For Individuals Who Want To Come And Stay In The U.S.
A bipartisan bill in Congress could legalize 325,000 unauthorized immigrants
A bipartisan bill introduced in the House of Representatives Wednesday could give legal status and a path to citizenship to hundreds of thousands of unauthorized immigrants working in agriculture.
The legislation, the product of months of discussions, represents a rare moment of bipartisan agreement on one of the most contentious topics of the Trump administration, ultimately attracting 20 Republican cosponsors, according to a spokesperson for Rep. Jimmy Panetta (D-CA), who helped lead the negotiations.
The bill could legalize up to about 325,000 immigrants currently working in agriculture who do not have legal status. It’s still only a fraction of the 12 million unauthorized immigrants estimated to be living in the US and the more than 2 million that would be legalized under the “Dream and Promise Act” that passed the House in June. But it’s the biggest legalization effort supported by Republicans in recent memory.
Republicans are usually reluctant to back any kind of legalization of unauthorized immigrants — immigration restrictionist groups have lambasted the bill as a means of securing “cheap foreign labor” at the expense of American workers — but the lawmakers represent districts where agriculture is a major industry.
If the bill passes the House, it could signal that a piecemeal approach to immigration reform is more feasible than a comprehensive bill like the “Gang of Eight” proposal that failed in the Senate in 2013. A similarly narrow bipartisan bill that would have eliminated per-country caps on employment-based green cards passed the House in July with significant bipartisan support before it was ultimately blocked in the Senate in September.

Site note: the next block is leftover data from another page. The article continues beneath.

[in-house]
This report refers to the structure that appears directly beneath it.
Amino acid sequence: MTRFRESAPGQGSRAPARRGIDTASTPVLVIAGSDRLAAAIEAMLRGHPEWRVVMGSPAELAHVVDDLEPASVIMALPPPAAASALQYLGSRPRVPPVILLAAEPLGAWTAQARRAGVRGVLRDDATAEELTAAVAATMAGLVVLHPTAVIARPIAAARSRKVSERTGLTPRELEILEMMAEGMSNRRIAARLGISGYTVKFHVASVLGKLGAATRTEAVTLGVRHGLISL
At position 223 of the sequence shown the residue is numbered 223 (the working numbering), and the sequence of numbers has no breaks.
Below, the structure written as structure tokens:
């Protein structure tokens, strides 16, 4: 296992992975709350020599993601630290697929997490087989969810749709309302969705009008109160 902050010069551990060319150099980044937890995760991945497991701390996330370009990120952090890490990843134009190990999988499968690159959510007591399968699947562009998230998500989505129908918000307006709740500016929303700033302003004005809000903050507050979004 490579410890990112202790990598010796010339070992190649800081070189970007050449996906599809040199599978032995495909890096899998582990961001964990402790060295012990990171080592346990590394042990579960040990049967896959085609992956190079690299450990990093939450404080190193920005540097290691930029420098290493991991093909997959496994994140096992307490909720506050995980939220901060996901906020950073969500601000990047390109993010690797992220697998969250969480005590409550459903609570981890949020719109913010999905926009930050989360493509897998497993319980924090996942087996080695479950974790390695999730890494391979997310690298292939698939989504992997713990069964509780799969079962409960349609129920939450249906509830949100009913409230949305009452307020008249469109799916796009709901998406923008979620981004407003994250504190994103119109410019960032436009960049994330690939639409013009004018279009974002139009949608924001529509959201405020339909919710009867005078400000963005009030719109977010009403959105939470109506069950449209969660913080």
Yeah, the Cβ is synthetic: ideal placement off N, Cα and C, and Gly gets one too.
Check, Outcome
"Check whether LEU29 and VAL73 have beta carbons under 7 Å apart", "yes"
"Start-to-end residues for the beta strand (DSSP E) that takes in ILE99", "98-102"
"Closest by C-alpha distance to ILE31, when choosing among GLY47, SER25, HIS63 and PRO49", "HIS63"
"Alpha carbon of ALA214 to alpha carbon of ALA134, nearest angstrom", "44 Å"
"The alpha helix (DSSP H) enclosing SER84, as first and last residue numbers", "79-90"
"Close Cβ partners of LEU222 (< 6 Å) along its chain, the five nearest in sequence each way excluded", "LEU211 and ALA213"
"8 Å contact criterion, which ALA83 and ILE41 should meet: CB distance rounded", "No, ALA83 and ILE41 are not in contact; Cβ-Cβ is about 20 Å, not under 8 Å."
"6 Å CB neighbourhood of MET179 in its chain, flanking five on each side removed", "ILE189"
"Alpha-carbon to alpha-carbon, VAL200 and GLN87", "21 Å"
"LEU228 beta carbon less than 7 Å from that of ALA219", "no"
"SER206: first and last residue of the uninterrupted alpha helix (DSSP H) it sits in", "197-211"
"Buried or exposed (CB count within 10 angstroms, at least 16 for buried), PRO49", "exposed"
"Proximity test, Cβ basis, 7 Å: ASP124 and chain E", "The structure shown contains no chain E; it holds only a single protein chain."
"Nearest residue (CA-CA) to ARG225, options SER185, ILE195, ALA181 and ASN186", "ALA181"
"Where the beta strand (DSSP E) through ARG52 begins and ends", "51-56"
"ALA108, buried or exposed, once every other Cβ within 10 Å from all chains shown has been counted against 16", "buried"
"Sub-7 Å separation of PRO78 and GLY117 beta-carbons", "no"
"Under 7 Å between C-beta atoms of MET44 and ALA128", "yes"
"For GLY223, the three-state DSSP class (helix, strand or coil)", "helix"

“It wasn’t easy and the legislation still needs to be signed into law, but the Farm Workforce Modernization Act is a big step in the right direction for a bipartisan solution that can provide the needed certainty in our agriculture communities,” Panetta said in a statement.
The US agricultural industry has relied on immigrant labor for decades, dating back to the Bracero Program in the 1940s that allowed millions of Mexicans to come to the US as farmworkers. Another large influx of unauthorized workers came during the 1990s before a slowdown that started around 2008, leaving agricultural employers unable to replace an aging workforce.
Congress has been wrestling with how to respond to labor shortages in agriculture and reduce the industry’s reliance on unauthorized workers ever since. Under President Donald Trump, that mission has taken on new urgency after his administration’s immigration raids targeting the agricultural sector.
At one raid in August, 680 workers were arrested at two Mississippi poultry plants. It’s not clear whether the plants have been able to replace those workers, but they said in a statement in August that they were recruiting at a job fair and encouraging applicants to have two forms of identification documents.